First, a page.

When the dhal is cooked, remove it from the cooker. Take a separate pot and add oil. When the oil is hot, add the mustard seeds. When they start popping up, add the fennel and cumin. Add the onions, the curry leaves and the dried chillies (split).
Add the dhal curry to the hot mixture. Add turmeric powder, and coconut milk. Add salt.
Dhal is a very versatile dish and in some South Asian cultures is almost a must for any special occasion meal, particularly if it is a vegetarian rice and curry meal. You can also enjoy a simple meal of dhal curry, pickles and yoghurt. Alternatively, dhal can also be a companion for a meal with bread, roti or stringhoppers.

Saturday, September 5, 2009

Japango -- An Exciting Sushi Joint In Toronto

Japango is a Japanese sushi joint tucked away in a rather quiet small street off Dundas Street.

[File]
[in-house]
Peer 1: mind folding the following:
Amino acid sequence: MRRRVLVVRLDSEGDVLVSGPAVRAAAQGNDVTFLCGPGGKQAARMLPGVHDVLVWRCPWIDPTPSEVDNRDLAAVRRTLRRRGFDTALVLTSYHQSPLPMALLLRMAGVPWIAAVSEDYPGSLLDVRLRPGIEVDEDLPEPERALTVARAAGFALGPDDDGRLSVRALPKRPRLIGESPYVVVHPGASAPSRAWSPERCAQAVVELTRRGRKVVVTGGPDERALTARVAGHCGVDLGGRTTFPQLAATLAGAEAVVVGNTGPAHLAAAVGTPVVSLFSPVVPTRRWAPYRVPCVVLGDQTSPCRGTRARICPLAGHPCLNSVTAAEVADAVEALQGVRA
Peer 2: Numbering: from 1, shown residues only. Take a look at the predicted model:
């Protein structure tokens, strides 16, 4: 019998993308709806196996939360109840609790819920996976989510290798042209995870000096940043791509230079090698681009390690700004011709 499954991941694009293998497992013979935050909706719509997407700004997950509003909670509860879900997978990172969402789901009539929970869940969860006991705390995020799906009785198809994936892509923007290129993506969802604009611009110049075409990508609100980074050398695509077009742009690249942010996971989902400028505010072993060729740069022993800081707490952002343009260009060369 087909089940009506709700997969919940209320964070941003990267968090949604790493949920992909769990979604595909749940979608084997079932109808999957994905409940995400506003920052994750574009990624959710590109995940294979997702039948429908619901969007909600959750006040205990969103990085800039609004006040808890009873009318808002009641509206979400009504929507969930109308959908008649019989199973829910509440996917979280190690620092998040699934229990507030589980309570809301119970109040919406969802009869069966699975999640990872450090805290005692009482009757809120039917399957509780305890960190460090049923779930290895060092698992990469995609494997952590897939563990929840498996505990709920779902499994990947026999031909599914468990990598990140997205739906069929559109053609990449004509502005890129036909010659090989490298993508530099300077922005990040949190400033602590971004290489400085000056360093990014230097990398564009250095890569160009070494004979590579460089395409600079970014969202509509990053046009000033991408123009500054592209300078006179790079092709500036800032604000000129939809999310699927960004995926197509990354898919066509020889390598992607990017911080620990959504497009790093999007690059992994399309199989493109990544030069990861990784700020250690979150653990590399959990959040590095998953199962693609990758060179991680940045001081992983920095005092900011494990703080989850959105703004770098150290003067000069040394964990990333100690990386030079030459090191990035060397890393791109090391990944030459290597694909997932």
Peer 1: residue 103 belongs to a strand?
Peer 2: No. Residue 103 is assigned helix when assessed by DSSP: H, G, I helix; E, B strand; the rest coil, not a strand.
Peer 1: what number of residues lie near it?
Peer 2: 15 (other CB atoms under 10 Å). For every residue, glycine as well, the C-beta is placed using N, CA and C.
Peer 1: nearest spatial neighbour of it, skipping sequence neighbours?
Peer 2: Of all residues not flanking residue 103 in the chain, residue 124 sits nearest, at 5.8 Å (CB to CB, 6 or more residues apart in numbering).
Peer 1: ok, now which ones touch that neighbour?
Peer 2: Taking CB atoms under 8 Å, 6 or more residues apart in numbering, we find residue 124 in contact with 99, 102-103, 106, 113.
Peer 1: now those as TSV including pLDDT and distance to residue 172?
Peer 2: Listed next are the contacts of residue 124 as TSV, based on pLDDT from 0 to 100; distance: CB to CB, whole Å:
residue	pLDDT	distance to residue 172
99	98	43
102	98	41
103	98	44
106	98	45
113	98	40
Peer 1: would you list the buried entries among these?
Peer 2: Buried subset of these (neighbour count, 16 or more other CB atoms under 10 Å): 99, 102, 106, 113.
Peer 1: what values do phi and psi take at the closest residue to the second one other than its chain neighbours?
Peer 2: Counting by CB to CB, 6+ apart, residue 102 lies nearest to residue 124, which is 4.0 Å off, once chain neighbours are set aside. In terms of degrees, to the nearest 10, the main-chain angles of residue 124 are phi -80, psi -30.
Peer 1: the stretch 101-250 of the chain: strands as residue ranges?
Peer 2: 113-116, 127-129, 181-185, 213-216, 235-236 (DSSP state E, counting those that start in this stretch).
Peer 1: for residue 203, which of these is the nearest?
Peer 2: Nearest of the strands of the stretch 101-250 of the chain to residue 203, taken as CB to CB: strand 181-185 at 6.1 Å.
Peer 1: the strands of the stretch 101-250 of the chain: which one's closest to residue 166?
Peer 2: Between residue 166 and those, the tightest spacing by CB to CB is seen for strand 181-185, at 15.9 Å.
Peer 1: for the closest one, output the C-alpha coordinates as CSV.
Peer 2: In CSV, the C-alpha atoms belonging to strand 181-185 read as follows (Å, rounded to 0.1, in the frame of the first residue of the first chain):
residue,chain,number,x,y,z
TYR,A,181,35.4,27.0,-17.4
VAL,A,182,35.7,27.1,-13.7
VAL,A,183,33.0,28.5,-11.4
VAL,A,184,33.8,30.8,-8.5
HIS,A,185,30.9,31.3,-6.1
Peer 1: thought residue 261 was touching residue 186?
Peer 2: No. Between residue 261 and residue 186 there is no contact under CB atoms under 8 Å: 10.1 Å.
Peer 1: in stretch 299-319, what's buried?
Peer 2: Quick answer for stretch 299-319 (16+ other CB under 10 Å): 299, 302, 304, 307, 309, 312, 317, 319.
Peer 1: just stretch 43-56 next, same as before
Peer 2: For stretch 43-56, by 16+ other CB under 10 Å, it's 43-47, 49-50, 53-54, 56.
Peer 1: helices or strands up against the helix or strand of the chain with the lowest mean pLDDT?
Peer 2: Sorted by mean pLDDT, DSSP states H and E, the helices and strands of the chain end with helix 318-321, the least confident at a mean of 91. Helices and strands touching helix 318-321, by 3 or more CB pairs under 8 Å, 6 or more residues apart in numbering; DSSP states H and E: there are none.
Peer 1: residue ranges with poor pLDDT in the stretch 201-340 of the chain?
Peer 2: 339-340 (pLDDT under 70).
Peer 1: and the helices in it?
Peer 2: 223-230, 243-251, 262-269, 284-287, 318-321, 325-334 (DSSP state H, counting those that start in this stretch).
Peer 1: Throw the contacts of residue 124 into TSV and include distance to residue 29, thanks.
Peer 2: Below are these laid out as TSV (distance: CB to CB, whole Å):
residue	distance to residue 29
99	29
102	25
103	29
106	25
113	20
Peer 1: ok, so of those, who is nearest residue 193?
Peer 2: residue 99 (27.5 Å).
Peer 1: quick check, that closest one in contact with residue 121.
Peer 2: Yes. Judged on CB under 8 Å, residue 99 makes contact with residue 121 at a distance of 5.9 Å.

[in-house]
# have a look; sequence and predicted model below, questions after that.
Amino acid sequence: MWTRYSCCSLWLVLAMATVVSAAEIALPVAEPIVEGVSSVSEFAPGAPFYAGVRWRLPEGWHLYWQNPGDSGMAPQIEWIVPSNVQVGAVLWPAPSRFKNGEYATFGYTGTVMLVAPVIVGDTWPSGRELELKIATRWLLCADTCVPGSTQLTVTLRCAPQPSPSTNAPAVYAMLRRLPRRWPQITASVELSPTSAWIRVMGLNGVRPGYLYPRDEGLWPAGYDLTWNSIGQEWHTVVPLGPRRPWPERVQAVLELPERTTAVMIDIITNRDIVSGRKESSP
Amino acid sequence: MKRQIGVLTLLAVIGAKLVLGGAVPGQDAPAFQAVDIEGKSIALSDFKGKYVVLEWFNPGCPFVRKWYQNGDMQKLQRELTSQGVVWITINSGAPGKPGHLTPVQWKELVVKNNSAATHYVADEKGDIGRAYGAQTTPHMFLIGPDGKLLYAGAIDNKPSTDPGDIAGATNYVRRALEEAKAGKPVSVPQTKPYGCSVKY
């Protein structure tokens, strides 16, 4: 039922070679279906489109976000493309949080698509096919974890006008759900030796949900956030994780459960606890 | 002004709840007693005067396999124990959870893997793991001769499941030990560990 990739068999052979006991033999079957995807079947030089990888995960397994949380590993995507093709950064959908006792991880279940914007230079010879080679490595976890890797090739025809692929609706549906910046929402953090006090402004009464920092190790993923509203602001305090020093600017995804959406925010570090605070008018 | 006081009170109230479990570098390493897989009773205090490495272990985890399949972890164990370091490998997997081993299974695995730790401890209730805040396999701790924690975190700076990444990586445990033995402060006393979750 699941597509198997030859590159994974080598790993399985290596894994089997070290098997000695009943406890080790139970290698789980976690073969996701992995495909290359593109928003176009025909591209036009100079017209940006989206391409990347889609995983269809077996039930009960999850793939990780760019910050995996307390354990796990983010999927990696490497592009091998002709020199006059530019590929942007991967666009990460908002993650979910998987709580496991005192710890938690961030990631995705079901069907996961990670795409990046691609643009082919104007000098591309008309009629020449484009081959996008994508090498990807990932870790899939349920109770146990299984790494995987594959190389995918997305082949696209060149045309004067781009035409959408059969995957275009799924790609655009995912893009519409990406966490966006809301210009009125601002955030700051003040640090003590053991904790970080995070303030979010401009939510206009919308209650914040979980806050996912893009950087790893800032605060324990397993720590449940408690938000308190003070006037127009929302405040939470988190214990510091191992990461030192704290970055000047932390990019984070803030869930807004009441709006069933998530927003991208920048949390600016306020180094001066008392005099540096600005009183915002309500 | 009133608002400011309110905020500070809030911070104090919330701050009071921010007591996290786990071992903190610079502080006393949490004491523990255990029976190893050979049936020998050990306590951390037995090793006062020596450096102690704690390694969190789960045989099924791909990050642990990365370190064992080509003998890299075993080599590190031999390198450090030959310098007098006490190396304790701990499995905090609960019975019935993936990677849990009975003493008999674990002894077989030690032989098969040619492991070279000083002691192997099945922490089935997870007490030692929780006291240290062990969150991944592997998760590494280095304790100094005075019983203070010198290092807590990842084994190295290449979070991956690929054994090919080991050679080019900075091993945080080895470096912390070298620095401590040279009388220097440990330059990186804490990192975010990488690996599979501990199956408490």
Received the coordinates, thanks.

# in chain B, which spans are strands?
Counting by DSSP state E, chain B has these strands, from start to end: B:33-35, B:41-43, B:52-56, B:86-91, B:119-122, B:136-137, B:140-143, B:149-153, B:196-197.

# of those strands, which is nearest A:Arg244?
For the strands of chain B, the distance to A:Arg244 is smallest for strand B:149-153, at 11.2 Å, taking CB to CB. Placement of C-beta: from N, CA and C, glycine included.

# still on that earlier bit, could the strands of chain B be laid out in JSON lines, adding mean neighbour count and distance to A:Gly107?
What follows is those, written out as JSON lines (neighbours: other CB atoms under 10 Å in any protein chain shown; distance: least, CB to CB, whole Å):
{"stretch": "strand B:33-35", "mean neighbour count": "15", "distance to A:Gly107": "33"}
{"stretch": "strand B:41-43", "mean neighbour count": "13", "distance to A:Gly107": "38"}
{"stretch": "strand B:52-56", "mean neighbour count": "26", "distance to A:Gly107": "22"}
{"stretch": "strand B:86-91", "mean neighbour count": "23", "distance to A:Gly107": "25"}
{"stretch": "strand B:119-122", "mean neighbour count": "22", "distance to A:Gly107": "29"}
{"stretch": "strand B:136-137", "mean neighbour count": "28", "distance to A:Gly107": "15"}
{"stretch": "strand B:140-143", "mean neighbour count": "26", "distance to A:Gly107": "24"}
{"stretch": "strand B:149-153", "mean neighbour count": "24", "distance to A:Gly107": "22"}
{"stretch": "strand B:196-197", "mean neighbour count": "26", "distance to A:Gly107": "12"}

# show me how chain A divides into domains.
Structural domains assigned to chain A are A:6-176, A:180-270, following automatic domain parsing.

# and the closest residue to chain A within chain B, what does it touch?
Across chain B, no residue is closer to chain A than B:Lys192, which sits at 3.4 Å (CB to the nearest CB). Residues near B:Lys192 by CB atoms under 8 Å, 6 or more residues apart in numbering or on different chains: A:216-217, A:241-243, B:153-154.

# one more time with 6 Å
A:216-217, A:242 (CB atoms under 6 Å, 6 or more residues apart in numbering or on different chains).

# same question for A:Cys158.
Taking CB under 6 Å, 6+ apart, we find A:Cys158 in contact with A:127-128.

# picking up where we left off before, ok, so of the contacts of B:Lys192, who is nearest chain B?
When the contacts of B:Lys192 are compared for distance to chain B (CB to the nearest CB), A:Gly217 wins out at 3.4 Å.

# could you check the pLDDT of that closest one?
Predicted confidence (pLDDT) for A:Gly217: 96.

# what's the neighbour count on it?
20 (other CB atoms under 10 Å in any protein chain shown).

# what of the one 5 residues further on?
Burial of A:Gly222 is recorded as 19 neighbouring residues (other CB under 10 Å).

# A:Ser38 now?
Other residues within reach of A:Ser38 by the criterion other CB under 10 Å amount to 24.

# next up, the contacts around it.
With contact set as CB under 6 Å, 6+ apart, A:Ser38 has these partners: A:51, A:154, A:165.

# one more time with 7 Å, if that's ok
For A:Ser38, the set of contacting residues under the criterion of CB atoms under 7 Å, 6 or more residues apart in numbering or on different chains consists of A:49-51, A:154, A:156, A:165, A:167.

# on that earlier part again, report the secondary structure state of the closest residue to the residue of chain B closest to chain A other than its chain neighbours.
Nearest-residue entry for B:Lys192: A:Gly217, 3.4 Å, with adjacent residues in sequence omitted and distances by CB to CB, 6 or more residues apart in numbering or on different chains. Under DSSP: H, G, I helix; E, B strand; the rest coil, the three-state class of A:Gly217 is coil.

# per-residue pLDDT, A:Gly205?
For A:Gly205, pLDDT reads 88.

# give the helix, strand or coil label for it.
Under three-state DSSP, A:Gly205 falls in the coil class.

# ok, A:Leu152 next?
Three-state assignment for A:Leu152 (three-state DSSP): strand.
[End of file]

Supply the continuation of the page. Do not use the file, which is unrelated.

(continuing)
Once inside, one might feel like having stepped into the wrong place; or at least for me the notion of a Japanese restaurant conjures up the image of rather spacious restaurants with elegant (usually black coloured) tables and chairs and Kimono-clad waitresses floating around, bowing all the time.

But this is more like a hotdog-in-a bun with fries type of a place – small and congested. Moreover, and this could be very challenging – the tables are small and not very sturdy. I am small-made but even I once tipped the tea cup as I got up to go to the washroom.
But then the food is a different matter.

Kirin Beer
To wash-down my meal, I went for a 330 ml Kirin beer – Ichiban Special Premium. I like beer off the tap or from the bottle and avoid the cans, and this was one reason I opted for Kirin.